UN General Assembly urges Israel to accept nuclear inspections

Rick Moran
In case any American Jews were doubtful that a leaf has been turned in US-Israeli relations, the surprise victory by Arab state in the UN General Assembly that recommends Israel join the Nuclear Non-Proliferation Treaty and open its nuke sites to inspection should cause the rest of the scales to fall from their eyes.

In short, this is a 180 degree flip in policy on the part of the US who apparently did nothing to stop the vote. The last time it was tried in 1991, the measure was soundly defeated.

But a new team is in charge in Washington - a team that apparently believes that lumping an ally with our enemies is perfectly alright.

Reuters
Louis Charbonneau has the story:

Speaking on the second day of a two-week meeting of the 189 signatories of the pact, Assistant Secretary of State Rose Gottemoeller also defended a U.S.-India civilian nuclear deal, which developing nations have complained rewards New Delhi for staying outside the NPT.

"Universal adherence to the NPT itself, including by India, Israel, Pakistan and North Korea ... remains a fundamental objective of the United States," Gottemoeller told the meeting, which hopes to agree on an agenda and plan to overhaul the treaty at a review conference next year.

Speaking to reporters later, she declined to say whether Washington would take any new steps to press Israel to join the treaty and give up any nuclear weapons it has. Israel neither confirms nor denies whether it has what arms control experts assume to be a sizable atomic arsenal.

The administration of President Barack Obama was encouraging all holdouts to join the treaty, she said.

Nuclear-armed India and Pakistan have never signed the treaty. North Korea withdrew from it in 2003 and tested a nuclear device in 2006.

At the NPT meeting, developing countries have criticized the endorsement of the U.S.-India nuclear agreement by the 45-nation Nuclear Suppliers Group, an informal club of the world's top producers of nuclear-related technology.

The group agreed in September to lift a ban on nuclear trade with India, imposed after New Delhi's first nuclear test in 1974.

Ed Lasky adds:

Where was America? Was Susan Rice using her influence to derail the resolution? Why was this resolution brought up now when it had not been brought up in the last 18 years-during administrations of George H.W. Bush, Bill Clinton, and George W. Bush? Do anti-Israel officials at the UN and in the world feel more empowered to pressure Israel? Do they feel they have a pass from the Oval Office?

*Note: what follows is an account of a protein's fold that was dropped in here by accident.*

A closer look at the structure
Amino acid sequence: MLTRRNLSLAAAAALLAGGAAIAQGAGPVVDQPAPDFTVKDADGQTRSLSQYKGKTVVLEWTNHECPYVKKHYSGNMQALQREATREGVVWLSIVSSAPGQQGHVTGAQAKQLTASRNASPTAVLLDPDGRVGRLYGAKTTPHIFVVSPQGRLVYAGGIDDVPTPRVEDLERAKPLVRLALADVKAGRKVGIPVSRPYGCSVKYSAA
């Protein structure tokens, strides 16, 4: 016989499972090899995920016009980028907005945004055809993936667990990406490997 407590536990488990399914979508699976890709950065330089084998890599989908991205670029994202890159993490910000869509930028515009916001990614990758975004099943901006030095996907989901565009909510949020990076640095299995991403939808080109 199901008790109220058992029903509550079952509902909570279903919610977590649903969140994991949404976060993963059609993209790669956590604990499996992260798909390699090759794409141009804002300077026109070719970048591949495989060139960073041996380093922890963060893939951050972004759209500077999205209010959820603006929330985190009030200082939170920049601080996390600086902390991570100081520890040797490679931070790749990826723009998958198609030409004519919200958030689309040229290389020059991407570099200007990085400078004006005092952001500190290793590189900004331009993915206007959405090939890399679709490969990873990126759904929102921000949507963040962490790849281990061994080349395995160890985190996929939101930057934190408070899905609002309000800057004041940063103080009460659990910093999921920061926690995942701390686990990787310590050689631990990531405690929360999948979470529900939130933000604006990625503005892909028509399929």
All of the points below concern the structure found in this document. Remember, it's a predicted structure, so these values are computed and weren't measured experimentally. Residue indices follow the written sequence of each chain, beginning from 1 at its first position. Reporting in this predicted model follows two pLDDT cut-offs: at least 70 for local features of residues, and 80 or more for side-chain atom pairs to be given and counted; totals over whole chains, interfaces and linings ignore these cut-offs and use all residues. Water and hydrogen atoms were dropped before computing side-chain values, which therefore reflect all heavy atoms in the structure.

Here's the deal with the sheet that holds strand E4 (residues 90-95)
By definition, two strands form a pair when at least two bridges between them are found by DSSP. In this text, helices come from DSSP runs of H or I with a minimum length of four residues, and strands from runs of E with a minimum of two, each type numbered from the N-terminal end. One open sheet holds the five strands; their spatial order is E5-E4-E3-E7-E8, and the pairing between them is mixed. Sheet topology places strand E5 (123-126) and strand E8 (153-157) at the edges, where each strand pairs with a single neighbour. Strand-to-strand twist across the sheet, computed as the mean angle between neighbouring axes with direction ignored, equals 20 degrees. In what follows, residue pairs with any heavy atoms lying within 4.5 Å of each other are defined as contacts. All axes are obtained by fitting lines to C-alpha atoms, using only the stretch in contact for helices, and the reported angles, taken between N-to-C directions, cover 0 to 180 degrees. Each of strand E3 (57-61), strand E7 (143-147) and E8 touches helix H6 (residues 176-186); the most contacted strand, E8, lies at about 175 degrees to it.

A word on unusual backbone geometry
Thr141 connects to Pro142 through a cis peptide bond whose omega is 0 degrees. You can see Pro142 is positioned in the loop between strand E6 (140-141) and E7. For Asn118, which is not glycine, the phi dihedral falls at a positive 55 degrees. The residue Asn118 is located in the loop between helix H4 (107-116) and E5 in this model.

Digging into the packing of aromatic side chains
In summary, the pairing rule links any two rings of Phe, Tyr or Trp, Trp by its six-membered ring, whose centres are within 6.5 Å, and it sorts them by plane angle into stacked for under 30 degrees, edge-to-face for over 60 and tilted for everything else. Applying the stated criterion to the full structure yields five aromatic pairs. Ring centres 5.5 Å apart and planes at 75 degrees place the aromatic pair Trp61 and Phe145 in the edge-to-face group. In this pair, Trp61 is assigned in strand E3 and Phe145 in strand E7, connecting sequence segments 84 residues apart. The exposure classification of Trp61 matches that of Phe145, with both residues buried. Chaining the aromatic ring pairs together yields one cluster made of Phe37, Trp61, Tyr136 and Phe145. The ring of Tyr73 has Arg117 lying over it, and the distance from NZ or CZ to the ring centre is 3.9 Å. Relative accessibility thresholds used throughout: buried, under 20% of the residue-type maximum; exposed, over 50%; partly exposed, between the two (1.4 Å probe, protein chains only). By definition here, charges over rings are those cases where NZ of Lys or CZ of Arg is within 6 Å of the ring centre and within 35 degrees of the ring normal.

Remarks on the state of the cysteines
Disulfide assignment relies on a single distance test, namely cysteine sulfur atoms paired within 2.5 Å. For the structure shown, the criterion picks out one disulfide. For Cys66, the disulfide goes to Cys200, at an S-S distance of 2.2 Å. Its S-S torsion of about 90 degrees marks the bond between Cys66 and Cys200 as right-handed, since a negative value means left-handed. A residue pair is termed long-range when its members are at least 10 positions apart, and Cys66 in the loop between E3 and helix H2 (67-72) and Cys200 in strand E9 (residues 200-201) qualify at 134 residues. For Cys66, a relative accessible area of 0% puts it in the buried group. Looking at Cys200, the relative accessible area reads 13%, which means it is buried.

I don't see how you could come to any other conclusion than this administration is determined to treat Israel the same way we would treat Syria, Iran, or any other enemy of America.

Israel has lost it's most valued ally if this is true. And it may be only a matter of time before some nation or nations in the Middle East seek to take advantage of that.




In case any American Jews were doubtful that a leaf has been turned in US-Israeli relations, the surprise victory by Arab state in the UN General Assembly that recommends Israel join the Nuclear Non-Proliferation Treaty and open its nuke sites to inspection should cause the rest of the scales to fall from their eyes.

In short, this is a 180 degree flip in policy on the part of the US who apparently did nothing to stop the vote. The last time it was tried in 1991, the measure was soundly defeated.

But a new team is in charge in Washington - a team that apparently believes that lumping an ally with our enemies is perfectly alright.

Reuters
Louis Charbonneau has the story:

Speaking on the second day of a two-week meeting of the 189 signatories of the pact, Assistant Secretary of State Rose Gottemoeller also defended a U.S.-India civilian nuclear deal, which developing nations have complained rewards New Delhi for staying outside the NPT.

"Universal adherence to the NPT itself, including by India, Israel, Pakistan and North Korea ... remains a fundamental objective of the United States," Gottemoeller told the meeting, which hopes to agree on an agenda and plan to overhaul the treaty at a review conference next year.

Speaking to reporters later, she declined to say whether Washington would take any new steps to press Israel to join the treaty and give up any nuclear weapons it has. Israel neither confirms nor denies whether it has what arms control experts assume to be a sizable atomic arsenal.

The administration of President Barack Obama was encouraging all holdouts to join the treaty, she said.

Nuclear-armed India and Pakistan have never signed the treaty. North Korea withdrew from it in 2003 and tested a nuclear device in 2006.

At the NPT meeting, developing countries have criticized the endorsement of the U.S.-India nuclear agreement by the 45-nation Nuclear Suppliers Group, an informal club of the world's top producers of nuclear-related technology.

The group agreed in September to lift a ban on nuclear trade with India, imposed after New Delhi's first nuclear test in 1974.

Ed Lasky adds:

Where was America? Was Susan Rice using her influence to derail the resolution? Why was this resolution brought up now when it had not been brought up in the last 18 years-during administrations of George H.W. Bush, Bill Clinton, and George W. Bush?

Do anti-Israel officials at the UN and in the world feel more empowered to pressure Israel? Do they feel they have a pass from the Oval Office?

I don't see how you could come to any other conclusion than this administration is determined to treat Israel the same way we would treat Syria, Iran, or any other enemy of America.

Israel has lost it's most valued ally if this is true. And it may be only a matter of time before some nation or nations in the Middle East seek to take advantage of that.